(Independent Mind 10/22/2002) Osaka, Japan's Ultra Fuckers are punkers with whitehot scree and hiss in most of the right spots. Most of the songs are uptempo garage punk, similar to other Japanese bands of their ilk. They do slow it down a little and let it drone on a few numbers, sounding eerily like the Bunnybrains covering REO Speedwagon's "Riding the Storm Out" on one track...and unholy union if there ever was one. It's the energy and the wild sense of rebellion for the sake of THE ROCK that's not easily faked and an unabashed strangeness that makes the Ultra Fuckers worthwhile. It's music that sounds best muddy and distorted, and loud. I still don't understand why it is that some groups are able to make 3 chord garage rock fun and interesting while most perps bore the poo out of me. But this ain't music to spend a lot of time thinking about; this is music to listen to while gettin' loaded and thinking about wearing tighter jeans, maybe. - Edward McElvain
(I am Cancer 3/1/02) Sludgesville, and possible mono-fi recordings from some humans that call themselves "the ultra fuckers" i have been a-looking in dirty catalogs all night, and havent seen a thing in the ultra fuck sense. i did see a nice mesh undergarment, and a strange, yet tantalizing "ball cage" - tape hiss and broken guitar roll, feeds its way straight onto ones perfumed beer lips. - Chris Fischer
(Summer of Hate) A D.I.Y. release with 13 cuts of Japanese lo-fi from ULTRA FUCKERS, featuring two members of GODKILL. The songs are best described as your most basic punk mixed with something from THE RESIDENTS. Distorted bass guitar and electronica. Some of them instrumental, some of them not. I'm not a big fan of lo-fi noise and don't know much about it, but I like this album, though the faster songs suited me a lot more than the slow ones. With titles like Let's Go Space Beach and German Rock Radio II this will probably appeal to the western world collector scum who are into Japanese releases as pure novelty items, too. The tag line ''we are psychederic warrior...'' sums it up I think. - Karl Backman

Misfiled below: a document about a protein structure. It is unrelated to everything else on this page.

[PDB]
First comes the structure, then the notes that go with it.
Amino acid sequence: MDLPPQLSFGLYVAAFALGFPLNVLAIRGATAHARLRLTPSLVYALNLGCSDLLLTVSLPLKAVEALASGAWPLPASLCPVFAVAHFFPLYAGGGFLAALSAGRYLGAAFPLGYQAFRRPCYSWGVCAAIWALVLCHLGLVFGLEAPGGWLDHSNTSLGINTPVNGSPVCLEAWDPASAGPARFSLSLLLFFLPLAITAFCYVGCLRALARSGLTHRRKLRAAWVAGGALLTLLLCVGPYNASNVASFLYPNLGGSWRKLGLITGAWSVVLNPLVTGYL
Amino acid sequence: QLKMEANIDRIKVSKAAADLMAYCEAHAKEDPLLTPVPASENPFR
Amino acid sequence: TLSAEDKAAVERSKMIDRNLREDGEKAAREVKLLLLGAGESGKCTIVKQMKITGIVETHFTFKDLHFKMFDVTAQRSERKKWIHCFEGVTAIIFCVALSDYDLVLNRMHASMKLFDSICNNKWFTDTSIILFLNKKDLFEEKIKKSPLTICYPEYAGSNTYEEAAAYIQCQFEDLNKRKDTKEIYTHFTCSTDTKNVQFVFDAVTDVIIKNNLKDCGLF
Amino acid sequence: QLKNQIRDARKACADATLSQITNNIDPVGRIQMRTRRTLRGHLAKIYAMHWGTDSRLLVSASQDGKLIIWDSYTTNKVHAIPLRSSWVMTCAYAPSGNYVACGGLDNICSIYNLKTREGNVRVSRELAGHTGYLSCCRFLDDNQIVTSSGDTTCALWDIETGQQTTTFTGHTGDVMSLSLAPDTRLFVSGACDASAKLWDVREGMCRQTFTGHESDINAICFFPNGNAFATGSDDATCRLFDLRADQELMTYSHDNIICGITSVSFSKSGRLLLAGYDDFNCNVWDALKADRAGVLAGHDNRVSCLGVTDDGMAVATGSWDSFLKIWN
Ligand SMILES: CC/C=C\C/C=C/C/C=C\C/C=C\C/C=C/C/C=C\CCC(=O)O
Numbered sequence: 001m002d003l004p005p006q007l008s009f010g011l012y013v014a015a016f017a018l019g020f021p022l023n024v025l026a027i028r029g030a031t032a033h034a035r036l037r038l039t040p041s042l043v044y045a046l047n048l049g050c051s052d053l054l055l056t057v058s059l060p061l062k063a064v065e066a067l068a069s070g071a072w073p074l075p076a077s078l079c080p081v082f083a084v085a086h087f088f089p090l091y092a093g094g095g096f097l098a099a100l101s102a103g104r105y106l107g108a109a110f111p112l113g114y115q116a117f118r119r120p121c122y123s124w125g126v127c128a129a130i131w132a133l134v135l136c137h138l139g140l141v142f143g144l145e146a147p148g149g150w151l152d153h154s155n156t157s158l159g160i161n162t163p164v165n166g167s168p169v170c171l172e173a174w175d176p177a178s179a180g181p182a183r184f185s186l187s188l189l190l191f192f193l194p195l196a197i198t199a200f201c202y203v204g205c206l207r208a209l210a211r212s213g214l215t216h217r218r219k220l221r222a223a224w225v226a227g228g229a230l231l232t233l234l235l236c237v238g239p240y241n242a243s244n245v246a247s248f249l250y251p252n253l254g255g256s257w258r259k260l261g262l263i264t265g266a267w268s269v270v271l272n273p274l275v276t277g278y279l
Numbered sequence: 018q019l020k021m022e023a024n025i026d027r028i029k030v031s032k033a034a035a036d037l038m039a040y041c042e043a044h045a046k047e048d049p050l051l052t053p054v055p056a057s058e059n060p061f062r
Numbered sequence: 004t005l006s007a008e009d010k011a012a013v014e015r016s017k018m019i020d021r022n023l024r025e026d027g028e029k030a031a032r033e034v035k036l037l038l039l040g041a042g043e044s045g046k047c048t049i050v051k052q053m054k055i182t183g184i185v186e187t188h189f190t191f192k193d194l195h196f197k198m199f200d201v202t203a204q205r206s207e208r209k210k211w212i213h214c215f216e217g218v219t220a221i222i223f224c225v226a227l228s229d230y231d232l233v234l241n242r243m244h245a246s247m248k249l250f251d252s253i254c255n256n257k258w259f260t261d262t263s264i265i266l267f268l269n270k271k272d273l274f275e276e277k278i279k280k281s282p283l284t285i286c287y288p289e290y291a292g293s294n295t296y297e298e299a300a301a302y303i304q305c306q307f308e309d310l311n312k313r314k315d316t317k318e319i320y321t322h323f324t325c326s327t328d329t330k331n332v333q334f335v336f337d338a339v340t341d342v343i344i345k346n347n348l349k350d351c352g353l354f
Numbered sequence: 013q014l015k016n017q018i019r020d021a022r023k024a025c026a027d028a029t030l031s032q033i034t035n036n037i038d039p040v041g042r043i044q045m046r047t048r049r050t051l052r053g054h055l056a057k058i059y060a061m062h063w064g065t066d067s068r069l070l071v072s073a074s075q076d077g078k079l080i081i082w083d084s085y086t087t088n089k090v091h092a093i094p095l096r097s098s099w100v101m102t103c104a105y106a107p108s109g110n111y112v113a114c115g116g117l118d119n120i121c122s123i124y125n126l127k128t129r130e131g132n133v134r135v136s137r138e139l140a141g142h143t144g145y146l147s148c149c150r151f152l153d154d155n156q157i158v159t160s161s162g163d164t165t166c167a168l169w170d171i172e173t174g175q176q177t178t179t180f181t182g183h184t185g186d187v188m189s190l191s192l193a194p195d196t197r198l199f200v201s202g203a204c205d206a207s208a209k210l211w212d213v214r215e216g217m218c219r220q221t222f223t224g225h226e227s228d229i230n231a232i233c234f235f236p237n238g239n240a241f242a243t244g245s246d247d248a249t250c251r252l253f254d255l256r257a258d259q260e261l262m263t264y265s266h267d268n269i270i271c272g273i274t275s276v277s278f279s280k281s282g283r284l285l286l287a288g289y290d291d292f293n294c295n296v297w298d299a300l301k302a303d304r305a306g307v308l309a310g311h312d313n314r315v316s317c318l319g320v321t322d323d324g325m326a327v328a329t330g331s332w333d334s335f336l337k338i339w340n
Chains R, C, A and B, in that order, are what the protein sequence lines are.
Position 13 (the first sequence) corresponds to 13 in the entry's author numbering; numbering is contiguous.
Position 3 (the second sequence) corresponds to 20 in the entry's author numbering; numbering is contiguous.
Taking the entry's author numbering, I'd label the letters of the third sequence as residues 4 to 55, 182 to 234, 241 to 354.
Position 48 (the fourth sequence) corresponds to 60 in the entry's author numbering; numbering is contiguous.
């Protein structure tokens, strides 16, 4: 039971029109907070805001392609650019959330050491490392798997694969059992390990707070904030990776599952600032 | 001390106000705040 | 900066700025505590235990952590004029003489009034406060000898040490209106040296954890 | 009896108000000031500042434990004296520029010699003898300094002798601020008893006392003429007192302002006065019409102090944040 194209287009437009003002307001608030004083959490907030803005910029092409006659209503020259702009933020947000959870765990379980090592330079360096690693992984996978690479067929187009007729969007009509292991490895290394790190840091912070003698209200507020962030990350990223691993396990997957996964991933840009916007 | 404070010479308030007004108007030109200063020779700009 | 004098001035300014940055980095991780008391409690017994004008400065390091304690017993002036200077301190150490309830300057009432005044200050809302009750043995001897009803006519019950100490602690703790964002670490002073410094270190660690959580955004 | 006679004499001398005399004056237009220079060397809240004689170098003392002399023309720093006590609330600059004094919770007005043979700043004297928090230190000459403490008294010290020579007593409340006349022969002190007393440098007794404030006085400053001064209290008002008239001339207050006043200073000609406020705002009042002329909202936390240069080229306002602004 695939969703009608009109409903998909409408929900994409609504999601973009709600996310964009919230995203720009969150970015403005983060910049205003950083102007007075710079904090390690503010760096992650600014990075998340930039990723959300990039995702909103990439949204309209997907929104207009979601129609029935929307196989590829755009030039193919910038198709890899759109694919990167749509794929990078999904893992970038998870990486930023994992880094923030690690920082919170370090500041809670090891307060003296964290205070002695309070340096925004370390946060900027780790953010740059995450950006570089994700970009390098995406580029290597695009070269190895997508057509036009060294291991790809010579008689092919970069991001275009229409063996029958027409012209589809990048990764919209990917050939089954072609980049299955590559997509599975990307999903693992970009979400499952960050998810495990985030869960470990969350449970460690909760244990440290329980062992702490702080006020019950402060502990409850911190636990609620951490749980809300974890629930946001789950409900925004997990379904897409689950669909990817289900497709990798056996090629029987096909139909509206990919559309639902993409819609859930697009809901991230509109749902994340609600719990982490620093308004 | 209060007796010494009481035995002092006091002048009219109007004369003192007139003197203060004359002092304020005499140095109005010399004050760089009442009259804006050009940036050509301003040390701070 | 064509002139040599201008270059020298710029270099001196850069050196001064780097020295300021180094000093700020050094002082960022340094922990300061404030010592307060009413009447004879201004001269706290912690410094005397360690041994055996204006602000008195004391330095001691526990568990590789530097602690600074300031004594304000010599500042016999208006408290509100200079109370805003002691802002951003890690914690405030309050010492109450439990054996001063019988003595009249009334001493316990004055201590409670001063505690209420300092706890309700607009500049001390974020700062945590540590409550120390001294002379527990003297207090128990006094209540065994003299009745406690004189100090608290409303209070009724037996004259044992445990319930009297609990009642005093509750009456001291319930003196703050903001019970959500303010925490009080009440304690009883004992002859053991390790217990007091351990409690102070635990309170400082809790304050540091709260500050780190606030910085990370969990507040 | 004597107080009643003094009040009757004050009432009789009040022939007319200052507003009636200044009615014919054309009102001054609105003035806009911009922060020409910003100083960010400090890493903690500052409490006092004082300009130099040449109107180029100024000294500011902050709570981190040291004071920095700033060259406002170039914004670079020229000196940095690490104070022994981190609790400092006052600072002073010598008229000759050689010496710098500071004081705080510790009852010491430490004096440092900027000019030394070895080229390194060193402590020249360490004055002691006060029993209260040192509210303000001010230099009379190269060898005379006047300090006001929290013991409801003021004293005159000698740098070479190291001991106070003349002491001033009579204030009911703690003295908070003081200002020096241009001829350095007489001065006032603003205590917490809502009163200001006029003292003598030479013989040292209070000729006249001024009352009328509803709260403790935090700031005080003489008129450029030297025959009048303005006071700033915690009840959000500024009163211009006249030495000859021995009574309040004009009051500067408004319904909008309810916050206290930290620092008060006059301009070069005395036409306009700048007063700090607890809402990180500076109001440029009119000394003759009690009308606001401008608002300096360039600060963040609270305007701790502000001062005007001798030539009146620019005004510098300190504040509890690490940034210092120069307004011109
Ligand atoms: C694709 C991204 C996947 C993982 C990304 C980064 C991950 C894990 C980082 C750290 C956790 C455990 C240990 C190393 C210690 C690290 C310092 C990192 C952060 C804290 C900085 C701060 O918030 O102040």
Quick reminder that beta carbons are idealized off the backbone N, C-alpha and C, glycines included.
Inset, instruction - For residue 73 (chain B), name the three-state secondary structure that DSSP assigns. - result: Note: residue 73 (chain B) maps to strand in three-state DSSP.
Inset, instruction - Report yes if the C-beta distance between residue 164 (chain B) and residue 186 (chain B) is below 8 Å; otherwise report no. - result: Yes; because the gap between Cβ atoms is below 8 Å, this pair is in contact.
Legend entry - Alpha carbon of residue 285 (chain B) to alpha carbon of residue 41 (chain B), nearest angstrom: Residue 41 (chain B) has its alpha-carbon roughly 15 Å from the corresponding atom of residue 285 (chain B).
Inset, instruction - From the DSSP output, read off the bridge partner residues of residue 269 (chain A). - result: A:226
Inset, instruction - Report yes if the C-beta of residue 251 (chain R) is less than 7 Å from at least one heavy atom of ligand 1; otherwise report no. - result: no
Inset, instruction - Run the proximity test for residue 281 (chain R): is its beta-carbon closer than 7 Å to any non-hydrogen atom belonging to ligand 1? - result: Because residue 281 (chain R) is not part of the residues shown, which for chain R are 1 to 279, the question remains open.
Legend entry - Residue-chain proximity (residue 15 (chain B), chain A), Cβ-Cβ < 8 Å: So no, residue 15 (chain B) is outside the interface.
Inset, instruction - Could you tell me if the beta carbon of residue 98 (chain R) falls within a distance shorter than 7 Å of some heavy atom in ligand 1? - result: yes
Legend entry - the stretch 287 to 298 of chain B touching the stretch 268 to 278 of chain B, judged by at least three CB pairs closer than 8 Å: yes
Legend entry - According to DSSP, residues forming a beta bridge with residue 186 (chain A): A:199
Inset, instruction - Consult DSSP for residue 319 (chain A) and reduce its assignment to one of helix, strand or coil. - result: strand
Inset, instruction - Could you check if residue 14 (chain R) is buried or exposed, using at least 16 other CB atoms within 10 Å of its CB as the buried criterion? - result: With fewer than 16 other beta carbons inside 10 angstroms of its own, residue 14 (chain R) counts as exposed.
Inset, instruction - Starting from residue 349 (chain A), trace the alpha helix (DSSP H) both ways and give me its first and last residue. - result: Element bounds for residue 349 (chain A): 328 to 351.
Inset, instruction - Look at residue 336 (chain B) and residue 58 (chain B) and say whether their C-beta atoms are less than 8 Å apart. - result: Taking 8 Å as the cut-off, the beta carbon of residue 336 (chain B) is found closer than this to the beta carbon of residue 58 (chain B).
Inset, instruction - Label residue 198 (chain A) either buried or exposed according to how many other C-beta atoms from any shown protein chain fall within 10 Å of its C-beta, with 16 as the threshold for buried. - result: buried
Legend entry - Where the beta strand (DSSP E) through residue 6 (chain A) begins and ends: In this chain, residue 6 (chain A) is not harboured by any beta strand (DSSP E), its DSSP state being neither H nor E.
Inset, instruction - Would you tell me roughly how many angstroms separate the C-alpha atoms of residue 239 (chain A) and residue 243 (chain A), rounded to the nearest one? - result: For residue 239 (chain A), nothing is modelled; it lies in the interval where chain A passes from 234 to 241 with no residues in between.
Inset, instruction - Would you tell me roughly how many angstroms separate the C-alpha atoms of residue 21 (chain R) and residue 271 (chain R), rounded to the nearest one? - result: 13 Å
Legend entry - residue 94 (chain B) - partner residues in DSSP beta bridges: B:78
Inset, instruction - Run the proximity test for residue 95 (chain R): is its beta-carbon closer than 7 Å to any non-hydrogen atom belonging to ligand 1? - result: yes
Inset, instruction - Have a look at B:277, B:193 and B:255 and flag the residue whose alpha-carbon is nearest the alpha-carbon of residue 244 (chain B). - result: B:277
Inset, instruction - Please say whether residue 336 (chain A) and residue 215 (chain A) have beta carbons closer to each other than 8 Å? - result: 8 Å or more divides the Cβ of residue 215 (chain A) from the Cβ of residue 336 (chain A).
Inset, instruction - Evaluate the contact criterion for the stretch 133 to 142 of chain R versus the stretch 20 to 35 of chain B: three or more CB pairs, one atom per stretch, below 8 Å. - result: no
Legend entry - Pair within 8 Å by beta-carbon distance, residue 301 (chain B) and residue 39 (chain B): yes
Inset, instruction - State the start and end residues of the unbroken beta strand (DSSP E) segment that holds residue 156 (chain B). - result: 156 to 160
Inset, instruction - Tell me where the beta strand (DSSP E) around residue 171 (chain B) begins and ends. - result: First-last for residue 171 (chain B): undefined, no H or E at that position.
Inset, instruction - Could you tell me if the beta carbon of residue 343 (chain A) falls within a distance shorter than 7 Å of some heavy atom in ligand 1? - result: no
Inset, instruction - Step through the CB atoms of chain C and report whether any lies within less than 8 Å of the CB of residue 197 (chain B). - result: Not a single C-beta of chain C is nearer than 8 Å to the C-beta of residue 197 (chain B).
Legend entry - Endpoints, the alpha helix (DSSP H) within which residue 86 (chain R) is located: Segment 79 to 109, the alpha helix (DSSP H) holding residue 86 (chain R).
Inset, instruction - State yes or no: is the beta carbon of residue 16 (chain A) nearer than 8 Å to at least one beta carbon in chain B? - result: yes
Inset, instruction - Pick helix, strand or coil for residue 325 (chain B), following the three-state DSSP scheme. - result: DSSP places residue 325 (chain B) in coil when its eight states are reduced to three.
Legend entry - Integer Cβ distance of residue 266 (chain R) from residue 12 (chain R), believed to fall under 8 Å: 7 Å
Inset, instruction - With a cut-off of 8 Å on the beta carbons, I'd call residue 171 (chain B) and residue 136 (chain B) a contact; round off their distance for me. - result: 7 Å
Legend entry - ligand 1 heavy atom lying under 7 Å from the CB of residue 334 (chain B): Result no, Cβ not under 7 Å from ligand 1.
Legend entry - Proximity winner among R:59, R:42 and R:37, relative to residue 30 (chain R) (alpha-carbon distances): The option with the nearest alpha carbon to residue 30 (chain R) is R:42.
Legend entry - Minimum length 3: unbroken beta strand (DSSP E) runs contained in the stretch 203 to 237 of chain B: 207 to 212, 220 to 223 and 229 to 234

(Indieville 10/27/2002) Straight from Japan comes the Ultra Fuckers, an Osaka garage punk band that will just rip you apart. Beyond The Fuckless, their latest album, is the perfect example of what they're capable of. Though the recording quality is, quite possibly, the most terrible I've ever heard, that doesn't seem to detract from the music at all. Take "Holly Bible" (that isn't a spelling error), for instance. Just under two minutes, the track poses death metal-esque vocal growls, highly distorted guitars, and destructive drumming under a veil of that stuffy "tape sound" that plagues bootleg recordings. Despite the screwy recording, though, the message still gets out, and any Japanoise garage fan will completely love it, intoxicated or not. Also fantastic is "Punk Mescaline," which sounds as if it was recorded underwater, but still manages to take you on an ultra fucking thrill ride. The track's DIY ethic is what really stands out, and the sheer destructiveness of it all is what keeps you banging your head. This thrashy garage sound describes most of the album's thirteen tracks, although there are times when the band decides to go for a more droney style. The two "Long Number" tracks are perfect examples of this. While perhaps they don't fit under the traditional definition of "drone music," they still manage to carry a surreal, airy sound to them - mostly due to the heavy reverb they have going on. This works surprisingly well, and gives the tracks a spacey, psychedelic feeling. It's kind of like a throwback to some of the more experimental, noisy psychedelic acts that were going on in the sixties - especially those in Japan. Also equally psychedelic is "German Rock Radio II," an intergalactic psych trip that will get your soul floating above your head. All in all, this is a must for all fans of punked-up garage rock, especially of the Japanese persuasion. Be warned, though, this ain't no Nuggets - this is the bloody Ultra Fuckers! - Matt Shimmer